The swimming and diving team has begun preparing for the upcoming season. Photos courtesy of URI athletics.
The University of Rhode Island’s women’s swimming and diving team has officially begun preparing to make waves for the upcoming season.
The team was unable to start practice until Sept. 23 per the athletic department’s decision. However, Head Coach Mick Westkott said this period of inactivity has not detrimented the team in any way.
Team practices are held at the Tootell Aquatic Center, which was shut down completely in March once news of COVID-19 rippled its way into Kingston. It has since reopened provided it adheres to the schools safety standards in response to the pandemic.
“The pool is in great shape,” Westkott said. “The lack of activity did not affect in any way the quality of the facility [but the prior lack of activity was a] silence that we did not appreciate.”
Narragansett native Michaela Degnan is anxiously waiting to wear the Keaney Blue colors. She started her collegiate swimming career at the University of Arkansas, then transferred to the University of New Hampshire her sophomore year in order to be closer to family. Finally, in her junior year, she committed to swimming under the reign of Westkott with two years of eligibility remaining.
Degnan has known Westkott since high school when her club team practiced at Tootell. She even attended some of the URI women’s swimming and diving meets, with aspirations of one day swimming for a team who exhibited such a family dynamic.
“I grew up swimming at that pool and I’ve seen generations of URI girls practicing here,” the eight-time All-State champion said. “It amazed me the close knit dynamic the team has with the coaching staff.”
Degnan’s first lap in Tootell as a Ram was nothing like she had anticipated. Previously, she would have never fathomed the idea of staying six feet apart from her teammates in the pool, but now this is the new normal.
A mask must be worn before getting into the water and once they get out. Westkott and the other coaching staff must also wear masks throughout the duration of the teams’ practices. Degnant said her and her teammates sometimes find it challenging to understand what is being delegated to them through the masks being worn by the coaches.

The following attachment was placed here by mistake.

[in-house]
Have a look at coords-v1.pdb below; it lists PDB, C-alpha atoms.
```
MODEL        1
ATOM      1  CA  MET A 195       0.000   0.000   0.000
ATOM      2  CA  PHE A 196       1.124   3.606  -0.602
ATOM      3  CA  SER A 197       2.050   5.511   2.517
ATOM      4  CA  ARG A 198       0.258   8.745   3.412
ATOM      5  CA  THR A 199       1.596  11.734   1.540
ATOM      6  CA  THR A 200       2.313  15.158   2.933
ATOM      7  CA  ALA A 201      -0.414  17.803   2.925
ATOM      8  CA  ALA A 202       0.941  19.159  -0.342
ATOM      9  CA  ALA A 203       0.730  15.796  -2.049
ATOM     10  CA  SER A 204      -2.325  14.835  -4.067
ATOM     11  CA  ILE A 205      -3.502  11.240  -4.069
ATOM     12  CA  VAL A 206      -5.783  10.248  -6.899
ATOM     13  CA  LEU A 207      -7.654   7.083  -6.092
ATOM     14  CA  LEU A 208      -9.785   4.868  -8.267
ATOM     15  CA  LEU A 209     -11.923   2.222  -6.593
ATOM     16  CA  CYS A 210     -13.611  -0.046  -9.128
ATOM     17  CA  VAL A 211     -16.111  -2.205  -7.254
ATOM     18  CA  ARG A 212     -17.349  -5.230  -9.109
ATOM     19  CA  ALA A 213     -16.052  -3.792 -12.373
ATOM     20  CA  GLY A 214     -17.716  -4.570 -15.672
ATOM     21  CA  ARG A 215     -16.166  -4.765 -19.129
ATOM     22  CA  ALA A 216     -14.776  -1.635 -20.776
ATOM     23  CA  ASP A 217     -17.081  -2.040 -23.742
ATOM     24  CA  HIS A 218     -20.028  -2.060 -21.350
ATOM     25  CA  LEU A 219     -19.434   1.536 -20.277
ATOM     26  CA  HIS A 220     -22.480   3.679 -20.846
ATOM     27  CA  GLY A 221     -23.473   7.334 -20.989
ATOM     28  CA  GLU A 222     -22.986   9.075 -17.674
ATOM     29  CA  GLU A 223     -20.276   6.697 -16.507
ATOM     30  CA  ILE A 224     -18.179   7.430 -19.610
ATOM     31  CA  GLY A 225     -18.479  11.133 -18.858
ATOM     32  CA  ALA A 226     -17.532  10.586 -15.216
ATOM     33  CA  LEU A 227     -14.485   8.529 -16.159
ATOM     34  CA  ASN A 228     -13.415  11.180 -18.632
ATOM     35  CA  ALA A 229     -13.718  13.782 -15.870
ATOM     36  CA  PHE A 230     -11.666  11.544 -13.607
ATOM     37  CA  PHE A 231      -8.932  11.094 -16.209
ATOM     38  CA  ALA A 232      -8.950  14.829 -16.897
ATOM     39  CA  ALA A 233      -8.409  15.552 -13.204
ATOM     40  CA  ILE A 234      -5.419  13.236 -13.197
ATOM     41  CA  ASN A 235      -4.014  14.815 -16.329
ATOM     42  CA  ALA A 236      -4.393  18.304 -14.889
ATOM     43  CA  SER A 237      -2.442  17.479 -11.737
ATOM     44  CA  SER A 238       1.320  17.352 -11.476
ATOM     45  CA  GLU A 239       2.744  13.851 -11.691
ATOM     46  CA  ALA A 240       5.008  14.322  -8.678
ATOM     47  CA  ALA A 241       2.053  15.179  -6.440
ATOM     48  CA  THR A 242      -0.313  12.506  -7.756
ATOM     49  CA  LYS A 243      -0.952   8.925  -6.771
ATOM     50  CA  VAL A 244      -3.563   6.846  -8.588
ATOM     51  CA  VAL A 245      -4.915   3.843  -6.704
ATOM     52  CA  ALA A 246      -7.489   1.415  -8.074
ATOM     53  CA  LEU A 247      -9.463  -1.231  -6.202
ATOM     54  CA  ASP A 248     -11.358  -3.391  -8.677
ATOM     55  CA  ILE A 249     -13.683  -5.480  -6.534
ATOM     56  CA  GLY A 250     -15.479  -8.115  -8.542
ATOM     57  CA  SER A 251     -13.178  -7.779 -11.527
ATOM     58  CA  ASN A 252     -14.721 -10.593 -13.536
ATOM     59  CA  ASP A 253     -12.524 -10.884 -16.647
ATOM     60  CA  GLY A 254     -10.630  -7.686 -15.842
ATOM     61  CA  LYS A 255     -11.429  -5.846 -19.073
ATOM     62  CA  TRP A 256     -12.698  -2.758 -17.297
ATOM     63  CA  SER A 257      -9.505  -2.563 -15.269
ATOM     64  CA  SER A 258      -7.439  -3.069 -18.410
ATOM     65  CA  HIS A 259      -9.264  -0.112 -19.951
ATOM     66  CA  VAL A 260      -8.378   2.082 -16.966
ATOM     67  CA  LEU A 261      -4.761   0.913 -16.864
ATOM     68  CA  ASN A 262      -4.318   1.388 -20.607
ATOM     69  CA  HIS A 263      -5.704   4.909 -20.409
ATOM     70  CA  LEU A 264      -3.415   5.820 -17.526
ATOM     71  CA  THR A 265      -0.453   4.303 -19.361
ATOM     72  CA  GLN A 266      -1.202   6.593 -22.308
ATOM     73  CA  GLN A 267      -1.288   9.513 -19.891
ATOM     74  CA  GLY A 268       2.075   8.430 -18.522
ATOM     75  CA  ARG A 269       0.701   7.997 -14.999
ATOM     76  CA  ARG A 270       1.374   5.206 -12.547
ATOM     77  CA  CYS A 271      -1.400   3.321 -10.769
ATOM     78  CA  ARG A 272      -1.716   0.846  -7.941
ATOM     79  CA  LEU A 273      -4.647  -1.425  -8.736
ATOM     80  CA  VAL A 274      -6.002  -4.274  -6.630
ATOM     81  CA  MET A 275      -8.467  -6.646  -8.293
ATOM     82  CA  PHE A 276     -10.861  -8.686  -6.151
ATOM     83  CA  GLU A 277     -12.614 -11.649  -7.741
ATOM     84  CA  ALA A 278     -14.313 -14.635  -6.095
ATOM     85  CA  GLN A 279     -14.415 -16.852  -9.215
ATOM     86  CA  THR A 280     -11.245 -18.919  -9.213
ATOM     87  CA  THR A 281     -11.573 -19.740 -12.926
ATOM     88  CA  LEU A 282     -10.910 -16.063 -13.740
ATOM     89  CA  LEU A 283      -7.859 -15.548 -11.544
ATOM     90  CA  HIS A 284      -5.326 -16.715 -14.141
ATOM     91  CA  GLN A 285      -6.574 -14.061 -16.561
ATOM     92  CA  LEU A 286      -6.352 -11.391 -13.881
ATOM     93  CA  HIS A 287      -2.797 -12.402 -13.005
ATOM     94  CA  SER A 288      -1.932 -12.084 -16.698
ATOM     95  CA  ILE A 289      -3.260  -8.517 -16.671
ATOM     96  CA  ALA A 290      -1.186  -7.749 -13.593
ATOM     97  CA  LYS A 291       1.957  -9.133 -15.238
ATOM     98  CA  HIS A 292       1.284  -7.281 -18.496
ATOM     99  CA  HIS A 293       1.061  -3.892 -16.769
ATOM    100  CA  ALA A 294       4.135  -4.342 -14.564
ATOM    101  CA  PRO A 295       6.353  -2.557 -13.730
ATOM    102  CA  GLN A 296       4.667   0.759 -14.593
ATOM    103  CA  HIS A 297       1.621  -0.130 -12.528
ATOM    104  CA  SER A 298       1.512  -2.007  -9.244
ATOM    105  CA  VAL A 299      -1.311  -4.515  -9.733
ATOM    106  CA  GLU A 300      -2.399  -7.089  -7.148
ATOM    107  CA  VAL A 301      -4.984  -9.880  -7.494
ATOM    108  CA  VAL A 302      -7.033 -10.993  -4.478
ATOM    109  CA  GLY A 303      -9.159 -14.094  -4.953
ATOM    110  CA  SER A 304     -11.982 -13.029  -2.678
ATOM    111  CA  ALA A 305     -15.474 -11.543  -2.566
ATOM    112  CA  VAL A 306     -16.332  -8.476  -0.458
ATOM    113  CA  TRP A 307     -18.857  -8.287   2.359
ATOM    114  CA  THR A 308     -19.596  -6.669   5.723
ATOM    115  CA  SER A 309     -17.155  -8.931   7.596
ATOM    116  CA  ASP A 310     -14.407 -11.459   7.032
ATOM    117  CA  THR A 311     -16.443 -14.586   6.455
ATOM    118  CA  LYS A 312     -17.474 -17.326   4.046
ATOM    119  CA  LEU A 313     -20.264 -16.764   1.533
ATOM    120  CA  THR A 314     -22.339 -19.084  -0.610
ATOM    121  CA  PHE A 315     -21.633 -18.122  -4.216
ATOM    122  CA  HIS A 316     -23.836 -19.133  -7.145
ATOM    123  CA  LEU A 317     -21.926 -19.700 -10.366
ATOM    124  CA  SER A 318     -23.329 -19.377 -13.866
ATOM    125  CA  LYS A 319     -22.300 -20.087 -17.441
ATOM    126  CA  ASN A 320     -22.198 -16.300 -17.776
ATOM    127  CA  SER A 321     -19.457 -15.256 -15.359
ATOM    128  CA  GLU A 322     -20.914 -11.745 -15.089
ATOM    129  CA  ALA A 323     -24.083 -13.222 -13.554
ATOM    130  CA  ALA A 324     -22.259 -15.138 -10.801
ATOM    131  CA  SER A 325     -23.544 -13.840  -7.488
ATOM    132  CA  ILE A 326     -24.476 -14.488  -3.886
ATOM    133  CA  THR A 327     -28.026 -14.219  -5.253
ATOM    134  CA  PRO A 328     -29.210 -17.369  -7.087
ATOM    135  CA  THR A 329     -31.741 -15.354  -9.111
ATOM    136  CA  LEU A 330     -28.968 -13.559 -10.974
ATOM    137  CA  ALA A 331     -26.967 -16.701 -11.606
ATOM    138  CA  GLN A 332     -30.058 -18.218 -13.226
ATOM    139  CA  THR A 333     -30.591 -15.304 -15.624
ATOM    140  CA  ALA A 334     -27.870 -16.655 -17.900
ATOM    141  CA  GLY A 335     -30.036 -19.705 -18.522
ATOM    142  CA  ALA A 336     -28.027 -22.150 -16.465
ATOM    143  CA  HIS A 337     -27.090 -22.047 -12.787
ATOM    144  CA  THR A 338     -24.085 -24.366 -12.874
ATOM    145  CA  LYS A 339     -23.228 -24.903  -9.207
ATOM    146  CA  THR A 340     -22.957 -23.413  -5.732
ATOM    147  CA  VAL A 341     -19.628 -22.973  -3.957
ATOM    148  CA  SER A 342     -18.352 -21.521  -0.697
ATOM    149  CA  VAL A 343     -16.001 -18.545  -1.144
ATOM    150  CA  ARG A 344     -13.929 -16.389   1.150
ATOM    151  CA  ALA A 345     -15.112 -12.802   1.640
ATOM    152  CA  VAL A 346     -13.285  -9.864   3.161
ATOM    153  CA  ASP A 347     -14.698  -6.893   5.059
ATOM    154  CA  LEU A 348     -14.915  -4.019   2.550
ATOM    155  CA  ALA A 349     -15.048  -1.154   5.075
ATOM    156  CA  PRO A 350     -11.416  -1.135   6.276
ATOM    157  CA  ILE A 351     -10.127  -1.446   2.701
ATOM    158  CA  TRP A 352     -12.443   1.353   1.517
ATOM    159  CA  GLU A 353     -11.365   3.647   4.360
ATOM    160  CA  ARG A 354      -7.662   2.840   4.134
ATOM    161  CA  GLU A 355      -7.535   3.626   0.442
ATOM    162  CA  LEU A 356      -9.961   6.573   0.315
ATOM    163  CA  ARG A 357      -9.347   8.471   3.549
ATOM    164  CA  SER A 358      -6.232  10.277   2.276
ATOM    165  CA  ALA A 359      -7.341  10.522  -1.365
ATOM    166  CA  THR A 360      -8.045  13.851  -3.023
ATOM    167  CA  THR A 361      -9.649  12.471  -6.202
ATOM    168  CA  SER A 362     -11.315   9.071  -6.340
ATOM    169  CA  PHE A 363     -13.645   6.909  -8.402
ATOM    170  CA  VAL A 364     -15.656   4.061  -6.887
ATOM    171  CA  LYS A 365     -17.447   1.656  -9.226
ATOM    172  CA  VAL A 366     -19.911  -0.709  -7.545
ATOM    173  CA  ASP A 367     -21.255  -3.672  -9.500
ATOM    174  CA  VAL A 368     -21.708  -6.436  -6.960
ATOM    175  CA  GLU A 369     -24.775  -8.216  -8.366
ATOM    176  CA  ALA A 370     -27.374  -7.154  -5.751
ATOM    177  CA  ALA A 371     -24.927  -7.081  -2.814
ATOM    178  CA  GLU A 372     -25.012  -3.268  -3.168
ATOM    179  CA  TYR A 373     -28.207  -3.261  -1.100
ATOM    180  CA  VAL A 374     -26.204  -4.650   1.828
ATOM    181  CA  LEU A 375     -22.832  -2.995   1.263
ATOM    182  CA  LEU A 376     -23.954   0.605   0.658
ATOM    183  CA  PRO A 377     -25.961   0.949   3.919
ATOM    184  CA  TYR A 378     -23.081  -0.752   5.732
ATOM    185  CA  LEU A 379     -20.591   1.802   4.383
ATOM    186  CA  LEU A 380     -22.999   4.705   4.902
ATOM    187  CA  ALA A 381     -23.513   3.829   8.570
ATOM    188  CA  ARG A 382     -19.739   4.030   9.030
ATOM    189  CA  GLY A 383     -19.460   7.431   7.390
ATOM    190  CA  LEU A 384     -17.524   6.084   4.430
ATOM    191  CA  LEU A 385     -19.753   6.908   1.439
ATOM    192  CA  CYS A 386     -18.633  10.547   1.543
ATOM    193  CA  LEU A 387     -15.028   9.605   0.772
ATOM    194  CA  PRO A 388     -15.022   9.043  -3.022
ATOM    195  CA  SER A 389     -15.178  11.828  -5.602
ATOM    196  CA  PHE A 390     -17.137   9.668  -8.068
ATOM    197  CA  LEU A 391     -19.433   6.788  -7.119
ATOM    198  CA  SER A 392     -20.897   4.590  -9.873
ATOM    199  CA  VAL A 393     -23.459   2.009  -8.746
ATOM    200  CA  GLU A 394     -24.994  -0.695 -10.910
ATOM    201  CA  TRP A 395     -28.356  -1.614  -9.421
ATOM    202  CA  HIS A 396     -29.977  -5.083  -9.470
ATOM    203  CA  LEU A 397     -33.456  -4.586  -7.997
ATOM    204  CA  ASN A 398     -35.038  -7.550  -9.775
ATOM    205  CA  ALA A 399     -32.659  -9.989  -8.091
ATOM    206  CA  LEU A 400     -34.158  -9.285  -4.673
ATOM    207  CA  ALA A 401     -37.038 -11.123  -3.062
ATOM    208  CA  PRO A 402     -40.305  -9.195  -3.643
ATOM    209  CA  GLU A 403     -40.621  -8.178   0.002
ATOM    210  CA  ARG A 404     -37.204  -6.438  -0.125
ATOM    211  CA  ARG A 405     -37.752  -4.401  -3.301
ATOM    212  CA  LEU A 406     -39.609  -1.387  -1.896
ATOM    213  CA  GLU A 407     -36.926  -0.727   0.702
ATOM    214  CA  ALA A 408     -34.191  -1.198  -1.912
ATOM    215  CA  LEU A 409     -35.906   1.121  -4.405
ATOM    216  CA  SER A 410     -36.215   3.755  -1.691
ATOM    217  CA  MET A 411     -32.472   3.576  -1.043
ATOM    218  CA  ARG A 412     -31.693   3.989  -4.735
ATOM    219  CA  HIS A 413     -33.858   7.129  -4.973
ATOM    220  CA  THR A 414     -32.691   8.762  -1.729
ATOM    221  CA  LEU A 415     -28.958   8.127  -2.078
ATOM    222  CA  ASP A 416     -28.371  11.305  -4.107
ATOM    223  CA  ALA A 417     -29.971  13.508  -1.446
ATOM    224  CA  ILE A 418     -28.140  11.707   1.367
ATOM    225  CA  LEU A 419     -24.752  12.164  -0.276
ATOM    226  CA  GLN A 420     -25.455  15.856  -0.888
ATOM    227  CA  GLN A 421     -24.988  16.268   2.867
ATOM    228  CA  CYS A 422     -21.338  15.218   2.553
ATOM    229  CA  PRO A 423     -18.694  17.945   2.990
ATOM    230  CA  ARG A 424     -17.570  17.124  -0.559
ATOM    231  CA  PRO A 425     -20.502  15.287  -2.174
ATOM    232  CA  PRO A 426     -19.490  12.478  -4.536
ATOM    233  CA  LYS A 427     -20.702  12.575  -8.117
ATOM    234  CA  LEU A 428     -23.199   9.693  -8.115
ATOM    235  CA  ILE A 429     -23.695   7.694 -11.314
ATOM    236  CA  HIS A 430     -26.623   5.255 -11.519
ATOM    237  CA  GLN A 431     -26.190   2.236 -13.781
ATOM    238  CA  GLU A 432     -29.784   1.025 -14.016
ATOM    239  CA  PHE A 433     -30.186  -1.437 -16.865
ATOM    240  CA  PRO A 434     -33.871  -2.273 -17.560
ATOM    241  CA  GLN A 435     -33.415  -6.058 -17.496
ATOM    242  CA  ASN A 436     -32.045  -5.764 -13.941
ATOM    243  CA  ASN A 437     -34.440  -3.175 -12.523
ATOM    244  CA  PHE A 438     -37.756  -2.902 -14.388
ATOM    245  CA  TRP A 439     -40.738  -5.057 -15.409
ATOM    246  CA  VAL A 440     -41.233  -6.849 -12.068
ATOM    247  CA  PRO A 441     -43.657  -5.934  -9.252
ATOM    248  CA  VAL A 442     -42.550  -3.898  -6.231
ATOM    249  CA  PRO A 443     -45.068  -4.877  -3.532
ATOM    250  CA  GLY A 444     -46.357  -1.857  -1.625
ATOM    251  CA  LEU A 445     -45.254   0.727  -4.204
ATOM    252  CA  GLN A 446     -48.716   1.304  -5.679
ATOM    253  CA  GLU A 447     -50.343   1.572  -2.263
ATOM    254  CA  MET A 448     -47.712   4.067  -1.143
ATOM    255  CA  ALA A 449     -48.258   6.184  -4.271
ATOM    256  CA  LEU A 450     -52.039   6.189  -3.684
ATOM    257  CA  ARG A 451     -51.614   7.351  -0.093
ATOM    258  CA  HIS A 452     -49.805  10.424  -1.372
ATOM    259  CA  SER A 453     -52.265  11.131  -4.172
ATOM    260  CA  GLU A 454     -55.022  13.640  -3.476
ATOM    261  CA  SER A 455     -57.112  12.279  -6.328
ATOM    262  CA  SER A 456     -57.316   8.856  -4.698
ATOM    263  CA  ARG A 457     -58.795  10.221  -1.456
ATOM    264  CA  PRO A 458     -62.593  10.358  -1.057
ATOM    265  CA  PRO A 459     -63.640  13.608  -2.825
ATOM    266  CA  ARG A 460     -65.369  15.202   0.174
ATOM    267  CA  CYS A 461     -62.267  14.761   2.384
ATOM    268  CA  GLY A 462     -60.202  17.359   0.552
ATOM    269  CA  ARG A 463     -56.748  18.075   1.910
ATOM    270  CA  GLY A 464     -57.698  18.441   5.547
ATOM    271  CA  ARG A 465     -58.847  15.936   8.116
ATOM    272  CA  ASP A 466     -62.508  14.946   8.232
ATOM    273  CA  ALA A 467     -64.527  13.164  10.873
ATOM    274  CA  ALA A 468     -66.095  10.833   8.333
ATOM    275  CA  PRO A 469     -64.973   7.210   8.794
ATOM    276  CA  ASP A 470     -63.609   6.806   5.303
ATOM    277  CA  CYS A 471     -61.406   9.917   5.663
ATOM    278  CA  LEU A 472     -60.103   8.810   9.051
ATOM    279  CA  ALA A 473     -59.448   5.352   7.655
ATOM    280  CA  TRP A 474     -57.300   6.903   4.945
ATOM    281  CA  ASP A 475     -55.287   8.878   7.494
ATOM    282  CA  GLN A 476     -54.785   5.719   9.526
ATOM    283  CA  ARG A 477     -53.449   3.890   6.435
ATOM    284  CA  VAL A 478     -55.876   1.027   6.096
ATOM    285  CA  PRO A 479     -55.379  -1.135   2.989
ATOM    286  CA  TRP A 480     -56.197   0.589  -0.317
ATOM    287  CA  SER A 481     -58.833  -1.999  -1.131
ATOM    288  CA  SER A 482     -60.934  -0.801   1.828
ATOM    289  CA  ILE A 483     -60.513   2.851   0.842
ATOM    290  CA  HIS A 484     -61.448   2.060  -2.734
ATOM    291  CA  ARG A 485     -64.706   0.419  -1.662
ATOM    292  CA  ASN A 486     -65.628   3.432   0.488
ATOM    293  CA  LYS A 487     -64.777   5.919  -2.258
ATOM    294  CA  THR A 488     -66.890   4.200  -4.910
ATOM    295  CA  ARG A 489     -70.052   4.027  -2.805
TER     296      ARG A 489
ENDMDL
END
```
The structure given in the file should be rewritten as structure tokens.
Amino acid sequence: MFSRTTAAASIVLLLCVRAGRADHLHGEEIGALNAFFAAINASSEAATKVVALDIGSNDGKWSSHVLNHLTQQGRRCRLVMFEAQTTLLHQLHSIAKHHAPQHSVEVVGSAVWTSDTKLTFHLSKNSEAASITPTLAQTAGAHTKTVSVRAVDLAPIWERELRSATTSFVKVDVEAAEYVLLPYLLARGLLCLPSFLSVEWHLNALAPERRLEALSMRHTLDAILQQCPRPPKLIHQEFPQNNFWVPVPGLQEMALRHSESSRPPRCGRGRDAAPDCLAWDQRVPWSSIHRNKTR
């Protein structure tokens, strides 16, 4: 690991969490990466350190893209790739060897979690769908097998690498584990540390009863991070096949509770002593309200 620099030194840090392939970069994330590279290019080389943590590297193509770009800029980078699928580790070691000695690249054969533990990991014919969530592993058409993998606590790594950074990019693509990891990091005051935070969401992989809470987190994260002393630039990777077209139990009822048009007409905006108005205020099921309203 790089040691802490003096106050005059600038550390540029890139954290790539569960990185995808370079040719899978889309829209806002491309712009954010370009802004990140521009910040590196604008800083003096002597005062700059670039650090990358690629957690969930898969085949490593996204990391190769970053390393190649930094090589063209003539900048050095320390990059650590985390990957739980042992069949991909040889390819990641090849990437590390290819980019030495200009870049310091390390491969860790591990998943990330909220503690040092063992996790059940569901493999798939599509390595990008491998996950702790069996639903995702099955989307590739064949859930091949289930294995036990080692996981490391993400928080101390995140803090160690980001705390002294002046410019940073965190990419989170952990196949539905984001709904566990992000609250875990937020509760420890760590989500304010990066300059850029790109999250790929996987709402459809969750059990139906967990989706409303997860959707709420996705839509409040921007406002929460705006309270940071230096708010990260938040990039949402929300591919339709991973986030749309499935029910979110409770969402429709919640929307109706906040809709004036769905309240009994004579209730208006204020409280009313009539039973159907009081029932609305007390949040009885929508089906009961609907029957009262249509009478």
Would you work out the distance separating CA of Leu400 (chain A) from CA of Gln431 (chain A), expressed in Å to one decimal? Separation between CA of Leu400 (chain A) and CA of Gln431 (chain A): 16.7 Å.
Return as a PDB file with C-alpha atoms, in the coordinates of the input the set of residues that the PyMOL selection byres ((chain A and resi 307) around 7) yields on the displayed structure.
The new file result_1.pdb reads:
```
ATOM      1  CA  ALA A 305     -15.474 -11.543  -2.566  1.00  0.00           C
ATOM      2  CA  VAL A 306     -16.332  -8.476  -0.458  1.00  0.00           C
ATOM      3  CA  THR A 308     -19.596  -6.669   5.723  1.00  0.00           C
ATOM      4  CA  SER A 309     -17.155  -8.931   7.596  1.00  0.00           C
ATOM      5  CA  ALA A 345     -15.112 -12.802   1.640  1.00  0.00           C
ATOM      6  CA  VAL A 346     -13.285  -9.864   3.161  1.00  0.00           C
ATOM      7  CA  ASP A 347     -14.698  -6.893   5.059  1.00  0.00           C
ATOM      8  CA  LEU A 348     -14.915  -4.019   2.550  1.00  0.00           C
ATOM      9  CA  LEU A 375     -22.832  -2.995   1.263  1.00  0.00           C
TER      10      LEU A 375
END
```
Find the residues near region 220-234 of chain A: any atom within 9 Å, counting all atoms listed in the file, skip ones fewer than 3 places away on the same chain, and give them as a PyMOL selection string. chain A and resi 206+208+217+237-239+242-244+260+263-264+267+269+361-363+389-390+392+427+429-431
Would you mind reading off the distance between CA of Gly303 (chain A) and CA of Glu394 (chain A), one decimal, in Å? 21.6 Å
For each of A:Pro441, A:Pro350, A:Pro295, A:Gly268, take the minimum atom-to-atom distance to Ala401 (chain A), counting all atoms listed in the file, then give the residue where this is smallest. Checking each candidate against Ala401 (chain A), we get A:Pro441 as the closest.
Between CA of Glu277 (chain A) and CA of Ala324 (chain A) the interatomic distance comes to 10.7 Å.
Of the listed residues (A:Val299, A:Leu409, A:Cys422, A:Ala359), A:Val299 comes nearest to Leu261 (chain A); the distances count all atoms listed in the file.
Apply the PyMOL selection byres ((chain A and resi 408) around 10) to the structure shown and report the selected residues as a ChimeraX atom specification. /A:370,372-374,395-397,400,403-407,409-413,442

In terms of practice, the girls are broken into different functional groups, something Westkott refers to as a “station approach.” One group will work on functional pool work, while the other two groups are in the competition pool doing training and technique. The groups then rotate so each station will be completed by everyone.
One of the biggest challenges that Westkott and the team face is being able to practice together. Mia Bonvissuto, a freshman from Garden City, New Jersey is new to the Rams. Before COVID hit in March, she was captain of her swim team and had qualified for the state meet six years straight.
Bonvissuto came into the program ready to build strong connections with her new teammates in a facility she would call home for the next four years. Due to the COVID restrictions set in place, she has had difficulty diving into building these friendships.
“The team is very separated throughout the pool, therefore we do not get to support and help each other throughout the practice as much as we should be able to,” Bonvissuto said. “The whole team can’t be together all at once, so we have been splitting into small groups or having Zoom activities to bond.”
Westkott said the Atlantic 10 conference is continuing to work on ways to ensure meets and competitions are safe and up to guidelines. Dates are yet to be confirmed, but the team hopes to attend the conference championship at some point this season.